Gastric suction is a procedure to empty the contents of your stomach.
How the Test is Performed
A tube is inserted through your nose or mouth, down the food pipe (esophagus), and into the stomach. Your throat may be numbed with medicine to reduce irritation and gagging caused by the tube.
Stomach contents can be removed using suction right away or after spraying water through the tube.
How to Prepare for the Test
In an emergency, such as when a person has swallowed poison or is vomiting blood, no preparation is needed for gastric suction.
If gastric suction is being done for testing, your health care provider may ask you not to eat overnight or to stop taking certain medicines.
How the Test will Feel
You may feel a gagging sensation as the tube is passed.
Why the Test is Performed
This test may be done to:
- Remove poisons, harmful materials, or excess medicines from the stomach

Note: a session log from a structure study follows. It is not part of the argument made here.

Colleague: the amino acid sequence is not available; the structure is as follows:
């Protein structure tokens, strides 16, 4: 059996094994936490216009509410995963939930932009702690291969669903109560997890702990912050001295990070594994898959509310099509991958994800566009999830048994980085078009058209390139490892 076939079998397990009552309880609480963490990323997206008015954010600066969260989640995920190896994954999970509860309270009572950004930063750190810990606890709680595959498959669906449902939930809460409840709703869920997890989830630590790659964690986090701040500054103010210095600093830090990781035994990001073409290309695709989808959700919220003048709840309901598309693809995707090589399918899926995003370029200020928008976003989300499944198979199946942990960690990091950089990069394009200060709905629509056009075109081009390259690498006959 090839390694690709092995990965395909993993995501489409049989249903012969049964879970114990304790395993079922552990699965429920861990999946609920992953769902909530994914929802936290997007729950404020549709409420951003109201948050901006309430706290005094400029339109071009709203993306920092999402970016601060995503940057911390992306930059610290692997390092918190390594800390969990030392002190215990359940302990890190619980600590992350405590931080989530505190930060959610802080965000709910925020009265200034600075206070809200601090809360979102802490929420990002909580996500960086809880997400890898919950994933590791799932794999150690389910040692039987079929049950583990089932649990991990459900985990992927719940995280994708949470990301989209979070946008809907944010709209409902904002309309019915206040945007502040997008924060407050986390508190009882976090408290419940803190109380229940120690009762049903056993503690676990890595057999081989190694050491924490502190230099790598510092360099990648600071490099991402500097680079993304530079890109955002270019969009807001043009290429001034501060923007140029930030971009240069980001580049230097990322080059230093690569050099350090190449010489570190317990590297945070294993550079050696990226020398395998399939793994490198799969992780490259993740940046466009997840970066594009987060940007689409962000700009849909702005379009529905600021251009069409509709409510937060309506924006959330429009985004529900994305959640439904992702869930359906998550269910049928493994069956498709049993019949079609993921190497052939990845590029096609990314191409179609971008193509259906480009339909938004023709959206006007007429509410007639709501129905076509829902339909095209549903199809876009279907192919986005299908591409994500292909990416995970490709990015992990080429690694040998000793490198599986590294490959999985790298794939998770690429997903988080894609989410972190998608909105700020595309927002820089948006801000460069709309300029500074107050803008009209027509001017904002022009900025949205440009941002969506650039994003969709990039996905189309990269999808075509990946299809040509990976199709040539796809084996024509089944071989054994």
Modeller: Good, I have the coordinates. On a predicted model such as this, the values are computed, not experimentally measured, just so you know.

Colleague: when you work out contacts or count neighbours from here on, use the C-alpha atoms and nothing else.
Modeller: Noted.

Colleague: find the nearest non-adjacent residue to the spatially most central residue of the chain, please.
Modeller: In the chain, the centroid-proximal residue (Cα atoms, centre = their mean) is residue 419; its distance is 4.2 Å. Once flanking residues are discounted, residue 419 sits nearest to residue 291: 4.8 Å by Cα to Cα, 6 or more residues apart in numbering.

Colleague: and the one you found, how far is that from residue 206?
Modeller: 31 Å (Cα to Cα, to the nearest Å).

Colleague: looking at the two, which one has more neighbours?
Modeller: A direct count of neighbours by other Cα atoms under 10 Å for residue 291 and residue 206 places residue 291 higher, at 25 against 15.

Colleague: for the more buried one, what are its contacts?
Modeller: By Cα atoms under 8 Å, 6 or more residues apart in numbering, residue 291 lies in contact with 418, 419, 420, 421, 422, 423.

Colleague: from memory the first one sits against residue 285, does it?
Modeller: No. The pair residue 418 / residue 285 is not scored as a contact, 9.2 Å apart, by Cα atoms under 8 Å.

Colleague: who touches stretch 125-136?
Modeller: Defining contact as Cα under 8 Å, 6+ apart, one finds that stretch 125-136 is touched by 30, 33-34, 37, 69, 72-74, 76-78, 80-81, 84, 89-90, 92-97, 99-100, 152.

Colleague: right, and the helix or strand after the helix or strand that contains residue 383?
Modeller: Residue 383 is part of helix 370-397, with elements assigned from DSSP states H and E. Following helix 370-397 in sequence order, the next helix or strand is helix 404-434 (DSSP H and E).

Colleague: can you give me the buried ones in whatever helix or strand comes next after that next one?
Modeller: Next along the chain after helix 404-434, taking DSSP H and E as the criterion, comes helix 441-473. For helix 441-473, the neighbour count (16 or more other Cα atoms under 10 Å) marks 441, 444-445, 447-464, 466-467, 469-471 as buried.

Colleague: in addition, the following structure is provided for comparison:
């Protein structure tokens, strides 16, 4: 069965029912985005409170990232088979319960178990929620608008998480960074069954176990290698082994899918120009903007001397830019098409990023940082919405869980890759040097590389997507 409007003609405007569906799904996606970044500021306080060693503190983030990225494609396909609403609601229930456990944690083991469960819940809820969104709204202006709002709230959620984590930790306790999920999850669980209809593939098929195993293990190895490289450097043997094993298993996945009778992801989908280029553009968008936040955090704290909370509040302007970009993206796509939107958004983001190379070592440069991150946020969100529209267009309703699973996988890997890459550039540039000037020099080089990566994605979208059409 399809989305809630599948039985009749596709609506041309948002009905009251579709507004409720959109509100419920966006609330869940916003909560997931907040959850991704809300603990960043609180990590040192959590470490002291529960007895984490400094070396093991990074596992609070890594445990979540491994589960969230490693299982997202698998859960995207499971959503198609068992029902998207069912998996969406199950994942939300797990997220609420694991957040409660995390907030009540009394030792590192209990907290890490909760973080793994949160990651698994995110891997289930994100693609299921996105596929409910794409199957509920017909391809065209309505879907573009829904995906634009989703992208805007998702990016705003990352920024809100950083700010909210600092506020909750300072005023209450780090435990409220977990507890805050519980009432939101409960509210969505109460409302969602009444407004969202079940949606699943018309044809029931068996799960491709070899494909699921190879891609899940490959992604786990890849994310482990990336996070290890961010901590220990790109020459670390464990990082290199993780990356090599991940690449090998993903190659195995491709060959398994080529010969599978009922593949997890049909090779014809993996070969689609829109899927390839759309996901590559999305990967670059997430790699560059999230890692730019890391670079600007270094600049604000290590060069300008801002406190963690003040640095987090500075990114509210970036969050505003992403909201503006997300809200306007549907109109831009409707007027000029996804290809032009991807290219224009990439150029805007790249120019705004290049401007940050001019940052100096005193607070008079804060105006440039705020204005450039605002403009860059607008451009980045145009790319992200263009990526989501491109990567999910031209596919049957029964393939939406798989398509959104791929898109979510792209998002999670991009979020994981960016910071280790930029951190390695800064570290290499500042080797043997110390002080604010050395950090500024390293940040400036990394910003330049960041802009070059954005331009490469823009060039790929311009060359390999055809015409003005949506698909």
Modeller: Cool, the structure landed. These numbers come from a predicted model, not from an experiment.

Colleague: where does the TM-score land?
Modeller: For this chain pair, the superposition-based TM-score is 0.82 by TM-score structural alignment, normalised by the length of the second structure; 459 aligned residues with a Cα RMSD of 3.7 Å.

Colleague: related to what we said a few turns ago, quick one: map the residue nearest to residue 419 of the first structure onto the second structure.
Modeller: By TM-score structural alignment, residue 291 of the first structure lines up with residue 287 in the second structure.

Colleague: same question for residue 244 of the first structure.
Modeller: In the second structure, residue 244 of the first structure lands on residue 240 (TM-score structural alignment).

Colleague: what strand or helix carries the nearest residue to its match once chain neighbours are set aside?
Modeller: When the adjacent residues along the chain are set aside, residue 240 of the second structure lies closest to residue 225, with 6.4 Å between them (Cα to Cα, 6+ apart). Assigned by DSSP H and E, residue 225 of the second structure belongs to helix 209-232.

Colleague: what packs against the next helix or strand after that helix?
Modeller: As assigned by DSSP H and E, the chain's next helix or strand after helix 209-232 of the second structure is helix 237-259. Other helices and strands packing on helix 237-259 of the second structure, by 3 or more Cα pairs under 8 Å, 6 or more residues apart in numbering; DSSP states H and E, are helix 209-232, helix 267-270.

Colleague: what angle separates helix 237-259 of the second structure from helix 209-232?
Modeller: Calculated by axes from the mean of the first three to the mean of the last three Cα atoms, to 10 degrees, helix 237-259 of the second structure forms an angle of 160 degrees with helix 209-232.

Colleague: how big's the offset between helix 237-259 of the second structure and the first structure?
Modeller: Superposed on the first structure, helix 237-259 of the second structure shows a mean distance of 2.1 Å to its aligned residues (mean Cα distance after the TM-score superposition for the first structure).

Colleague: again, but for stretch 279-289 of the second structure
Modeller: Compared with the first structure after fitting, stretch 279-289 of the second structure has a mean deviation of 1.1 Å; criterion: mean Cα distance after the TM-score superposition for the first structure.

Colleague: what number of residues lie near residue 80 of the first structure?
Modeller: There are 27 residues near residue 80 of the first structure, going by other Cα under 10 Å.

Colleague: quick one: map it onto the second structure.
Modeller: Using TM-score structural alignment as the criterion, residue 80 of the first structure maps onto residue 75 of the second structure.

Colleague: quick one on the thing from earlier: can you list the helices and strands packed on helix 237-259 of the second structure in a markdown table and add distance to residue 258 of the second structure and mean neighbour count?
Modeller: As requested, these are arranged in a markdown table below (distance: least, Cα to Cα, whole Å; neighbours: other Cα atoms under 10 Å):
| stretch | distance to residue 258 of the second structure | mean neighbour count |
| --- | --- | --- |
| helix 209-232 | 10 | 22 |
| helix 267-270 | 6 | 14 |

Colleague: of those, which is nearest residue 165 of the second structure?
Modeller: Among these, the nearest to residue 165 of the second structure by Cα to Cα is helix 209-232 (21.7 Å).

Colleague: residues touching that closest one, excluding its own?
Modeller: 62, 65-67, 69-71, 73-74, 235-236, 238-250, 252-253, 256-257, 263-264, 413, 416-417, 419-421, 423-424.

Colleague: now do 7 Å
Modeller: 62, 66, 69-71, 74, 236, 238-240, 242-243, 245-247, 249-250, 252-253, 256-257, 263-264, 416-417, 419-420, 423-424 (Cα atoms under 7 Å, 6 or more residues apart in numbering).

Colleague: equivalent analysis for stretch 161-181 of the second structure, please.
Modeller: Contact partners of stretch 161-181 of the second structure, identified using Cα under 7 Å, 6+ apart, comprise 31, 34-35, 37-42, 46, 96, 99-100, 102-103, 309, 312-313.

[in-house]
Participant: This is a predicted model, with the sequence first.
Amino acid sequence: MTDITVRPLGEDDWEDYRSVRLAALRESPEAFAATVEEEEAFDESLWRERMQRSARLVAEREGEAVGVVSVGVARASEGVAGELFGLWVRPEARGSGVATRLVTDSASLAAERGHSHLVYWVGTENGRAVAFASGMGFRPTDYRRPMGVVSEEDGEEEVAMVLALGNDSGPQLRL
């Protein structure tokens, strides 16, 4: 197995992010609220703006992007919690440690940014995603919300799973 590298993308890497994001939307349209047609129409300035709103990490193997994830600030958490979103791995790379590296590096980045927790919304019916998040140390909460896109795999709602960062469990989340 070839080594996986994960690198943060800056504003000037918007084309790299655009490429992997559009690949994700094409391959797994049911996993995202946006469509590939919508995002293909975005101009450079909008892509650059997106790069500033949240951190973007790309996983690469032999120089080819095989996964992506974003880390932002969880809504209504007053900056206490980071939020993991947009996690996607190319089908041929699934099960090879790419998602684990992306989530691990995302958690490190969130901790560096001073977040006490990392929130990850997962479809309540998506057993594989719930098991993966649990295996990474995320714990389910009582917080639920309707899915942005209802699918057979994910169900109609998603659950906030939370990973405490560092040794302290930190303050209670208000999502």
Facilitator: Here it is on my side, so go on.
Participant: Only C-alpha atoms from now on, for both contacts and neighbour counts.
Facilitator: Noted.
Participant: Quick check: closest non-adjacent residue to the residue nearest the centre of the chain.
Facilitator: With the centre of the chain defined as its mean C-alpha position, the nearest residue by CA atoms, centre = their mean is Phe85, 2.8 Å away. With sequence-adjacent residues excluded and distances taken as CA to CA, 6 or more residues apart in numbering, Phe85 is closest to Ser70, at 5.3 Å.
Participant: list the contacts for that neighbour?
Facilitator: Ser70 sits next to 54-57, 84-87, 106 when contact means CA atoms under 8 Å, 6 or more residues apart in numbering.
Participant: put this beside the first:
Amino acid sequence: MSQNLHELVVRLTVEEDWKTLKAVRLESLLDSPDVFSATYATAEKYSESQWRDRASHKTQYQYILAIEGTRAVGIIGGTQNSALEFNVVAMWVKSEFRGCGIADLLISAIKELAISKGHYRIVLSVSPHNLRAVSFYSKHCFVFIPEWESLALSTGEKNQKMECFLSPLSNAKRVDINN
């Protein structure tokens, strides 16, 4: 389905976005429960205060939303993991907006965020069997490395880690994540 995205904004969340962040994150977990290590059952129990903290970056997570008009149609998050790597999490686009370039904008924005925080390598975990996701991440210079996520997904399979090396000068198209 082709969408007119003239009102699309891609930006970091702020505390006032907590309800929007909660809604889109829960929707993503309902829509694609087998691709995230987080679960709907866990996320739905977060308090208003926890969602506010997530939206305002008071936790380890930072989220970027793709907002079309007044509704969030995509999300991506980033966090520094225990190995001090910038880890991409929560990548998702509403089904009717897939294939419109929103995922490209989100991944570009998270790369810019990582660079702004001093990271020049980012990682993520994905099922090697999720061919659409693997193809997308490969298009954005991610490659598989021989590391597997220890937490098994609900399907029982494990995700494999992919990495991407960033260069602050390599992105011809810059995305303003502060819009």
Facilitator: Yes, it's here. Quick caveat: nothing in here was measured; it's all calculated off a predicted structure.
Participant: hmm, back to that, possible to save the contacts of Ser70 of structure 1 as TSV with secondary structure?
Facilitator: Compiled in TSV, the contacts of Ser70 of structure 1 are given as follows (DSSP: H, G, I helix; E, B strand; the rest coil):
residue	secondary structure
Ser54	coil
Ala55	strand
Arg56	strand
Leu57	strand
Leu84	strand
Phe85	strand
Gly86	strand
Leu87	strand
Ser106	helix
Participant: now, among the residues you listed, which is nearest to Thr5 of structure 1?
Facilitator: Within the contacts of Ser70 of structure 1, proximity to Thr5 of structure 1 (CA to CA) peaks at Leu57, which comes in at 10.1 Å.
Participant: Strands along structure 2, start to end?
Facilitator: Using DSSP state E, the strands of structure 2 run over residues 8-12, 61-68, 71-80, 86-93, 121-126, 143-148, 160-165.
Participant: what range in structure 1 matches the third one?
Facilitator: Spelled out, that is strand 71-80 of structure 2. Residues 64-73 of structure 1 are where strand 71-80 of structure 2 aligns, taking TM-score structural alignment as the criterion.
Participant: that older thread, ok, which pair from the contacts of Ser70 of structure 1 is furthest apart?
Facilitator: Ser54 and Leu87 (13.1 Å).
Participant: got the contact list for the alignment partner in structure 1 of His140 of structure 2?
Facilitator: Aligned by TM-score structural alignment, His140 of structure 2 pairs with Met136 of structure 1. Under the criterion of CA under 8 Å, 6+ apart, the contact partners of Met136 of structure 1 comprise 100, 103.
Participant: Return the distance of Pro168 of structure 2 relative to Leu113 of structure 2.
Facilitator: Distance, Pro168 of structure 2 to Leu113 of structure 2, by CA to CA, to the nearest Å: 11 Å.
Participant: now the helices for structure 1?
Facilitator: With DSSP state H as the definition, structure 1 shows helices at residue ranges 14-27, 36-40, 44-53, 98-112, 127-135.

- Clean the stomach before an upper endoscopy (EGD) if you have been vomiting blood
- Collect stomach acid
- Relieve pressure if you have a blockage in the intestines
Risks may include:
- Breathing in contents from the stomach (this is called aspiration)
- Hole (perforation) in the esophagus
- Placing the tube into the airway (windpipe) instead of the esophagus
- Minor bleeding
Gastric lavage; Stomach pumping; Nasogastric tube suction; Bowel obstruction - suction
Holstege CP, Borek HA. Decontamination of the poisoned patient. In: Roberts JR, Custalow CB, Thomsen TW, eds. Roberts and Hedges' Clinical Procedures in Emergency Medicine and Acute Care. 7th ed. Philadelphia, PA: Elsevier; 2019:chap 42.
Meehan TJ. Approach to the poisoned patient. In: Walls RM, Hockberger RS, Gausche-Hill M, eds. Rosen's Emergency Medicine: Concepts and Clinical Practice. 9th ed. Philadelphia, PA: Elsevier; 2018:chap 139.
Pasricha PJ. Gastrointestinal endoscopy. In: Goldman L, Schafer AI, eds. Goldman-Cecil Medicine. 26th ed. Philadelphia, PA: Elsevier; 2020:chap 125.
Review Date 9/28/2020
Updated by: Debra G. Wechter, MD, FACS, general surgery practice specializing in breast cancer, Virginia Mason Medical Center, Seattle, WA. Also reviewed by David Zieve, MD, MHA, Medical Director, Brenda Conaway, Editorial Director, and the A.D.A.M. Editorial team.